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Search & Seizure

I pray in airports.

Many of my fellow passengers likely pray on board the aircraft, but I find myself praying in the waiting place—my place of anxiety—and today my prayers are especially heartfelt.

I arrive at the Park-and-Ride with plenty of time to spare, despite the slow-moving traffic on the highway. My husband lovingly chides me for worrying:  “You always sit at the gate for at least an hour.”

He can afford to be good natured, since I am traveling alone for business and he has already arrived safely at his office. “Remember before 9/11?” he asks. “We used to leave for the airport an hour before our flight. Security was just walking through a metal detector.”

I recall our last real vacation, a before-the-baby-is-born trip to California. I stepped gingerly down the jet way, looking over my shoulder toward the terminal, wondering if I would be able to stretch my legs across his empty seat during the flight.  How long could it possibly take to park the car? I knew we should have left the house earlier!

“Yes,” I tell him. “And I remember the leeks, cucumbers and melons in Egypt. And the fish we ate for free.”

He laughs. “You have plenty of time,” he reassures me. “I have to get to a meeting.”

“I’ll call you when I land.”

I recite my first prayer—praise for the shuttle driver—as I step through the airport doors and note the time: my flight departs in 2 hours.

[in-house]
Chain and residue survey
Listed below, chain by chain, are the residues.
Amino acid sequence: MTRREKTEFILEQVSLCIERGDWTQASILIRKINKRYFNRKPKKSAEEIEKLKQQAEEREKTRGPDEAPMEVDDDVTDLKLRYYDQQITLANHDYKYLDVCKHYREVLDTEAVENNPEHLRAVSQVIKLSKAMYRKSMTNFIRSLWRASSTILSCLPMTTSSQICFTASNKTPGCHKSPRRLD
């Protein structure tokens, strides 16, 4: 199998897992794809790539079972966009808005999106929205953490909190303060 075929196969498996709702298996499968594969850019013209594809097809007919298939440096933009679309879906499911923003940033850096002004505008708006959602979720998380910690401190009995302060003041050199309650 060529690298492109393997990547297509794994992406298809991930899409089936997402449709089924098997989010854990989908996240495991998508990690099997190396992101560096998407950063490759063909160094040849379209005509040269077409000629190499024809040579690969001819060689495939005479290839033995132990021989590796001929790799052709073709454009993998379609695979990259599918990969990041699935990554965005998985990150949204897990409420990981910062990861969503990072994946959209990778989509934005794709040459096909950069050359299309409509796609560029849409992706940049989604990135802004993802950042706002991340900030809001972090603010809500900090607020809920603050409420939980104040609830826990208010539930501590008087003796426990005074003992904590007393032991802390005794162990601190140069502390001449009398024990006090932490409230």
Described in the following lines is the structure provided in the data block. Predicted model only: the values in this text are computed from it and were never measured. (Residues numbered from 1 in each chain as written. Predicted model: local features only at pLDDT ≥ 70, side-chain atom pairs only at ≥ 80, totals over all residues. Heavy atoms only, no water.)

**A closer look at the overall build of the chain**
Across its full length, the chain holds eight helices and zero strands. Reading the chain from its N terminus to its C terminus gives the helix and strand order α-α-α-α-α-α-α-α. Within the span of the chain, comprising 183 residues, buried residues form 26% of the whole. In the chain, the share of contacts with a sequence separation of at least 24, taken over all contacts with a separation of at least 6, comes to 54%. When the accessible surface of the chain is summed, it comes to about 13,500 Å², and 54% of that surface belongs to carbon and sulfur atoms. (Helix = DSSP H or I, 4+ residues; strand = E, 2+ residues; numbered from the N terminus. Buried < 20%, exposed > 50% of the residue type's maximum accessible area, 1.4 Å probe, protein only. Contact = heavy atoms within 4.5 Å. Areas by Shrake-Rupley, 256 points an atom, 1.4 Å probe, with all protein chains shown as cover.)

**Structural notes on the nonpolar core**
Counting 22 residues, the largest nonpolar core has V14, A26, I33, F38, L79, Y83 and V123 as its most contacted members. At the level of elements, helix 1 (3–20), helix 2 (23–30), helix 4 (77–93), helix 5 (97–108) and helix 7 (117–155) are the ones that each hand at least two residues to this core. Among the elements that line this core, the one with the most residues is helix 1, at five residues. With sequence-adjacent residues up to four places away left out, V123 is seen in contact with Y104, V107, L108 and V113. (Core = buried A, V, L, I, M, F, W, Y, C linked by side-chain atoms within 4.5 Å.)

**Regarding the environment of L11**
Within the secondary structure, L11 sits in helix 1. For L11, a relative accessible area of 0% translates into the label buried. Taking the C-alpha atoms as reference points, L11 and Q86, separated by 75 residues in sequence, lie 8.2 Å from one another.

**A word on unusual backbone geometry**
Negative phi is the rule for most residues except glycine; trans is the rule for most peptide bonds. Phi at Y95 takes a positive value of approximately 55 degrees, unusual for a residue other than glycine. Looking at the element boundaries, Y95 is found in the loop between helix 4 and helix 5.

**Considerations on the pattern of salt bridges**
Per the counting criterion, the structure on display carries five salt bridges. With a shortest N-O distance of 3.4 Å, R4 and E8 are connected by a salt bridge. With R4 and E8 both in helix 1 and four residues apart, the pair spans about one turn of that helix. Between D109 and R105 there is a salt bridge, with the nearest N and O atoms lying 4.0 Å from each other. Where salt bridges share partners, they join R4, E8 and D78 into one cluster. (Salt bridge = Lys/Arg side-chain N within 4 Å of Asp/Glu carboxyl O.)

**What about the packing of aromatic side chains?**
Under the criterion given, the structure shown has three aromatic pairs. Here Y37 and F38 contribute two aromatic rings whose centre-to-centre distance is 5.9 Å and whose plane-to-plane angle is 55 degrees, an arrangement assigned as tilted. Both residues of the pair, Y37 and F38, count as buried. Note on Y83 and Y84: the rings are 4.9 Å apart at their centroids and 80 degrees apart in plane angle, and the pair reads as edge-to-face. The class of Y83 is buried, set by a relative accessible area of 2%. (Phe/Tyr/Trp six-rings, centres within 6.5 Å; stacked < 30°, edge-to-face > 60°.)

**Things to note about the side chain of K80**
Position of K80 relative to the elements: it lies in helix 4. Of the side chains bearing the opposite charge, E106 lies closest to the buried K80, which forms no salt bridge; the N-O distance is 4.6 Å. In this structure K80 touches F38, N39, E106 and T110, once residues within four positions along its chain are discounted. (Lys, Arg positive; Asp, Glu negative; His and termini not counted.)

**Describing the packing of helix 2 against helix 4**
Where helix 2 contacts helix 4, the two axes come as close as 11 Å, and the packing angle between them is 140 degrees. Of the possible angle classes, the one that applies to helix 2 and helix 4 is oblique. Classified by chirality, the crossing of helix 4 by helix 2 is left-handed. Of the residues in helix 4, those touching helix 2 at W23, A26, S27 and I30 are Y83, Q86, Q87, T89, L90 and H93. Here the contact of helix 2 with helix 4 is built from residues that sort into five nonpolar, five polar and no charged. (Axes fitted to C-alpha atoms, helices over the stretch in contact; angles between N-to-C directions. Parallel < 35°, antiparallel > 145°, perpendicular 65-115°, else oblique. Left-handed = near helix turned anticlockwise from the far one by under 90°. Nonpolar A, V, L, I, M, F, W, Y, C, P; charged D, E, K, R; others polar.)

I’d heard on the radio earlier that “Security wait times” were close to 30 minutes. But as I round the corner, brandishing my cell phone with its QR-coded boarding pass, I see there is no line. Then I hear a commotion erupt beyond the glass partition.

“What should I do about this line?” one TSA officer calls to another.

“Turn them around and send them back through the next lane,” her colleague replies.

My second prayer is a petition: “Please, God, don’t let anyone who was at the front of that line realize that he is now going to be last.” I think my spouse is right, after all. Things were better in Egypt.

“You called 911, right?” another TSA agent asks.

“Yeah, I called.”

That’s when I realize the delay is not about searching carry-on bags and directing travelers through scanners. TSA agents are clearing the way for paramedics to attend to the woman at the front of the line who’d had a seizure.

My third prayer is interrupted by a polite request: “Ma’am, step forward please.”

I take a deep breath as I hand him my identification. My final prayer of the morning is gratitude: “Thank God for the TSA agents who acted decisively to help a fellow traveler.”

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